The Deadline 2020 study overlooks consumption-based emissions (sometimes called ‘Scope 3? emissions) on the grounds that double accounting might occur if it used both production and consumption based models.

But consumption-based models are more intuitively linked to the idea that cities’ actions can reduce emissions. After all, cities cannot control the emissions associated with the production of imported goods; all they can do is choose not to import them.

Yet this would make no difference to their production-based emissions and therefore not affect their ranking in that league. So they can actually carry on supporting high-consumption lifestyles while at the same time seeming to claim that they are reducing their production of emissions.

This is a dangerous path that leads to complacency. In fact it is almost deliberately misleading. It is without doubt excessive consumption that is making the climate, and our environment in general, less able to support universal sustainable lifestyles.

But C40’s President is Michael Bloomberg, who is worth 51.8 billion dollars, the 8th-richest person in the United States, and the 11th richest person in the world – a one-man carbon footprint hotpot. Can you really expect such a person to tell others to consume less?!

The consumption-based emissions report‘s co-author, Michael Doust, who is himself the programme director for C40 Cities, says: “We’re missing the other side of the coin if we only measure emissions involved in the production of food, energy, or other products and services. Knowing what the consumption emissions are and where allows cities and residents to make better decisions on how to reduce their carbon emissions.”

So what we’re seeing is that wealthy cities like London, Paris, New York, Toronto, Sydney and Melbourne, that no longer have large industrial sectors, can claim to have significantly reduced their local emissions. But their actual emissions have risen substantially, with their citizens’ personal carbon footprints larger than most people’s in the world because of their high levels of consumption.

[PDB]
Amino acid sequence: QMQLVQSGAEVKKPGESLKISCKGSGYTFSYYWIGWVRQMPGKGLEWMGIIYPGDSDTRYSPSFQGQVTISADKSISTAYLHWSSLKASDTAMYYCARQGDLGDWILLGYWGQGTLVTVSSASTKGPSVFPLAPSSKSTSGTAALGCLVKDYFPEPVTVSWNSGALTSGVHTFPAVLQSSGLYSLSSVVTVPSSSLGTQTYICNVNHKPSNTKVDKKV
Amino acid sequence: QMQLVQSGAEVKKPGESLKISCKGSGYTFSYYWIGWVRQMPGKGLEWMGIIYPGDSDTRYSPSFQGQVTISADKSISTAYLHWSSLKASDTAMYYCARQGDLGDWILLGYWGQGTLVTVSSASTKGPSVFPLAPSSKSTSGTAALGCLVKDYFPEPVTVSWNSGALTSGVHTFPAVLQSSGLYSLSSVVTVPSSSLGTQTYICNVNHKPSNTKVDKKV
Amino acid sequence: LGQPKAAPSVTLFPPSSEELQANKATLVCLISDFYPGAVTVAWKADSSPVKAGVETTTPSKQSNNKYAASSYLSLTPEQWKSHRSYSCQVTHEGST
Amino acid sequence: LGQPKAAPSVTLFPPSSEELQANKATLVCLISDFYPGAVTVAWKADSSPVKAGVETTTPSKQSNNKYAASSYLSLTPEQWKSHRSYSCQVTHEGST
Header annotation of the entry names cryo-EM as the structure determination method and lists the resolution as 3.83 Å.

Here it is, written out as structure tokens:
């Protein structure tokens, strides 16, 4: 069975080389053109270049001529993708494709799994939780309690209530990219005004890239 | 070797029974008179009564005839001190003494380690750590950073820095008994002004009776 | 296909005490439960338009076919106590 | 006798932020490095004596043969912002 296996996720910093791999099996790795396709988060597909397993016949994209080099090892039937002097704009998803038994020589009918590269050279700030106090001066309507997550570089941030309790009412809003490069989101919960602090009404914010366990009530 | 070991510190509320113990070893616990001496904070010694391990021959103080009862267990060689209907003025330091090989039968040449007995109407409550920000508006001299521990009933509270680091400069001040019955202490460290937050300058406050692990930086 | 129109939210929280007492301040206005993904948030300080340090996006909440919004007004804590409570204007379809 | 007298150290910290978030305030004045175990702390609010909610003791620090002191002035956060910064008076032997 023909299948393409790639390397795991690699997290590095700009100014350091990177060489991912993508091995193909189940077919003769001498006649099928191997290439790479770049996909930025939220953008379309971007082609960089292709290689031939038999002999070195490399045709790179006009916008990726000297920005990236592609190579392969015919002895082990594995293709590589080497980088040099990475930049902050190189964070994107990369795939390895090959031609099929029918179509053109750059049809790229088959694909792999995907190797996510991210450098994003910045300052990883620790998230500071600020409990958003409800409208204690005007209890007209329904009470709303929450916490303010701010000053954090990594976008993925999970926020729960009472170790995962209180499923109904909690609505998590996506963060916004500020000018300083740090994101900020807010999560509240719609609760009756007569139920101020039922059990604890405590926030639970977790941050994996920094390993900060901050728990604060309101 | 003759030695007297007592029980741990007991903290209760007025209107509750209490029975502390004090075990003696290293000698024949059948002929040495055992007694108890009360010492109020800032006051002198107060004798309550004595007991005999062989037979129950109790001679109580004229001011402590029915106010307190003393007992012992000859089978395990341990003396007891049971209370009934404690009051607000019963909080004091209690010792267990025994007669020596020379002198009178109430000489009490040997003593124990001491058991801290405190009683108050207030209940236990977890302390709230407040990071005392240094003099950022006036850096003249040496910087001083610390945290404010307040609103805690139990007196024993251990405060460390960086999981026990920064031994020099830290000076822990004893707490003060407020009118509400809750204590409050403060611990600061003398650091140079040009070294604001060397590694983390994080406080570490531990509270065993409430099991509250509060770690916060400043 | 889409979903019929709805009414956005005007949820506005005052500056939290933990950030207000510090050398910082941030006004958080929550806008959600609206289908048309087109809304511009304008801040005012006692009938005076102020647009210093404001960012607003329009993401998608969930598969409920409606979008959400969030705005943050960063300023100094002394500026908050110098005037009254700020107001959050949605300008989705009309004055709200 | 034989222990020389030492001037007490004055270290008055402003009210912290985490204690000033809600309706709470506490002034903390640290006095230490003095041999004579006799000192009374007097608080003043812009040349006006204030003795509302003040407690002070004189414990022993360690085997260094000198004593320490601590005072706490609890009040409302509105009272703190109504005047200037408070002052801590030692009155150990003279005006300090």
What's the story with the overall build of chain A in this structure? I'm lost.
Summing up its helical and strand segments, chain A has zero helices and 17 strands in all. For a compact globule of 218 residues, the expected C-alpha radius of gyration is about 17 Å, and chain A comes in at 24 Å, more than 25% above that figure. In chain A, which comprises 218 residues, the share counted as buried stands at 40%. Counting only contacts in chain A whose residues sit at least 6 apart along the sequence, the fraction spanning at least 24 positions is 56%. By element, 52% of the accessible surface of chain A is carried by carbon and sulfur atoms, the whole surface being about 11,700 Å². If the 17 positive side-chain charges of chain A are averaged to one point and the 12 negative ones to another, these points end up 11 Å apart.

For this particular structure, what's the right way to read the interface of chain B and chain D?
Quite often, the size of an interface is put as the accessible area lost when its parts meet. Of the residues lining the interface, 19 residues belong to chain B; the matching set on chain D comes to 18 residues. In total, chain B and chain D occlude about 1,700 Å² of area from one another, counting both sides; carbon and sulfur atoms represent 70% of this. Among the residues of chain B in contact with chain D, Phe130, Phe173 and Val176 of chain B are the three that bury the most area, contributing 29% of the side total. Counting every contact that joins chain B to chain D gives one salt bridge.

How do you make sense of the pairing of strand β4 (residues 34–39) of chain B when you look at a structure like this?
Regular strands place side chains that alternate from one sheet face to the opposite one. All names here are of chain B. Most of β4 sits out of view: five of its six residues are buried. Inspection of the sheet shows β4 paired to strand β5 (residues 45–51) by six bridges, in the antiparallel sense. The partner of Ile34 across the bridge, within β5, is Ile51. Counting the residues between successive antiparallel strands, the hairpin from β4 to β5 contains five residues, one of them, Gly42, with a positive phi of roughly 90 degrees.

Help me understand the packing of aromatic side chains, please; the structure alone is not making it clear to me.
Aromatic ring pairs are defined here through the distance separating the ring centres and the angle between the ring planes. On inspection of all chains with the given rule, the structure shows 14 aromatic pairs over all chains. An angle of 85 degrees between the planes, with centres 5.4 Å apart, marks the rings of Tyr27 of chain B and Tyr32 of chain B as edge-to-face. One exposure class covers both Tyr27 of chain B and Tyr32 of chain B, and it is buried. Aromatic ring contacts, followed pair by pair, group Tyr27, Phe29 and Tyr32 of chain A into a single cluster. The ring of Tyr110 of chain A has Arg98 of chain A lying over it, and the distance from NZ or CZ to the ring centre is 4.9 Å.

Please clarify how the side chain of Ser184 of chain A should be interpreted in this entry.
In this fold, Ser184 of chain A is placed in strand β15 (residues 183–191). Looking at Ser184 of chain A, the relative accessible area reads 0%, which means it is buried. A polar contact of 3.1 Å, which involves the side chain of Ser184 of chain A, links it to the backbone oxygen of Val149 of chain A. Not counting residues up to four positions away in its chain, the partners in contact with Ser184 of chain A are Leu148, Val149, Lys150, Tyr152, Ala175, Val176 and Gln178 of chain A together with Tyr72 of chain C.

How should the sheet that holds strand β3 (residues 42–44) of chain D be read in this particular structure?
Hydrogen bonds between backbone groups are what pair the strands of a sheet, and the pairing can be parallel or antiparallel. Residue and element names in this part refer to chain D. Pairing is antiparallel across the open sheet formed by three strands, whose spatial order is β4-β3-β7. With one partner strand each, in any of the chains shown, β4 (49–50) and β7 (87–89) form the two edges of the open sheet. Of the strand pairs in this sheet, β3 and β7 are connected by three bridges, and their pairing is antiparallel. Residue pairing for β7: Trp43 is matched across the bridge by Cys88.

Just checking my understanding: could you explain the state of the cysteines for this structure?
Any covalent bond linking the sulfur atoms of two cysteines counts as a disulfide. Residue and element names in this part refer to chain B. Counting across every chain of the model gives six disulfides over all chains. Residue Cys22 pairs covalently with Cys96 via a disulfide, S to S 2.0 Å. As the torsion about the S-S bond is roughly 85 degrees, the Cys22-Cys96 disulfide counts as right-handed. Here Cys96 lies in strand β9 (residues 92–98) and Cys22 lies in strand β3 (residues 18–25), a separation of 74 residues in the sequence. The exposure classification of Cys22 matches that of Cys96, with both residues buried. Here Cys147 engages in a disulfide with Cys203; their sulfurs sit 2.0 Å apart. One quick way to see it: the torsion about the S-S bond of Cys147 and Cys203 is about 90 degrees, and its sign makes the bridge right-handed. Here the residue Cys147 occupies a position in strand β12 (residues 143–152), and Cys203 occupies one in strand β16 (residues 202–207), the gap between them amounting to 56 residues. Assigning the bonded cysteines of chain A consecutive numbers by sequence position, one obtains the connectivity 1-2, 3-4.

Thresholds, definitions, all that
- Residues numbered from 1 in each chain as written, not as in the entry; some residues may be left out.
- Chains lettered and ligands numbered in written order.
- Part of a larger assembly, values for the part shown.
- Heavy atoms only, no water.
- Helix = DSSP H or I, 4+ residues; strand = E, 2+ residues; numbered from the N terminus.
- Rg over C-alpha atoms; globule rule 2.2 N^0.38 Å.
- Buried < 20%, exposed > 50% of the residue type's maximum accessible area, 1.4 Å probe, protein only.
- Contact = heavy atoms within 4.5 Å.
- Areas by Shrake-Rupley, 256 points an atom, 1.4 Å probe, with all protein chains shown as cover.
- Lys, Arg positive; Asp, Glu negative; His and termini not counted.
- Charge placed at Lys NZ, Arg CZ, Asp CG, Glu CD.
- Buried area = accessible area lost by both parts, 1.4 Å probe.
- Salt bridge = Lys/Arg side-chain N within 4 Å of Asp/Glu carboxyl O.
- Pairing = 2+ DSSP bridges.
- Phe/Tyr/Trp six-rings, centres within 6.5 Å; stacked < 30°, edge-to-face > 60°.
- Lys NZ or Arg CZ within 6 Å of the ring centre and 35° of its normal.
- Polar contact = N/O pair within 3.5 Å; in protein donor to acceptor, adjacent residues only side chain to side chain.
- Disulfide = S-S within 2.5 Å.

Only a consumption-based approach can capture direct and lifecycle emissions of goods and services (including those from raw materials, manufacture, distribution, retail and disposal) as it allocates greenhouse gas emissions to the final consumers of those goods and services, rather than to the original producers of those GHG emissions.

It’s this kind of realism, rather than C40’s over-enthusiastic cheerleading, which I believe is going to save the planet, if anything can.

David Thorpe is the author of The One Planet Life, about living within planetary boundaries, Passive Solar Architecture Pocket Reference and Solar Energy Pocket Reference. 

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  1. Agree, this is a very useful article. While we are on the topic of carbon accounting; why do we focus so much on annual emissions ? It’s the accumulated emissions, year on year on year that impact the environment. Taking a balance sheet approach to carbon accounting would highlight the urgency required and would temper some of the celebrations that accompany actions that accompany small annual reductions. It might even have more governments and businesses considering what remediation options are available. (move to doing good rather than just less bad)

  2. Good article thanks David and 5th estate. Of course we should be measuring consumption based emissions and using the same measurement method universally and that’s a complex problem. All of the methods are riddled with cheating of various kinds between nations, regions industry sectors and even practitioners. We also get a very different story if we measure totals or per-capita. Sydney isn’t highlighted, because the article focusses on totals but if it looked per-capita it would be one of the worst emitters.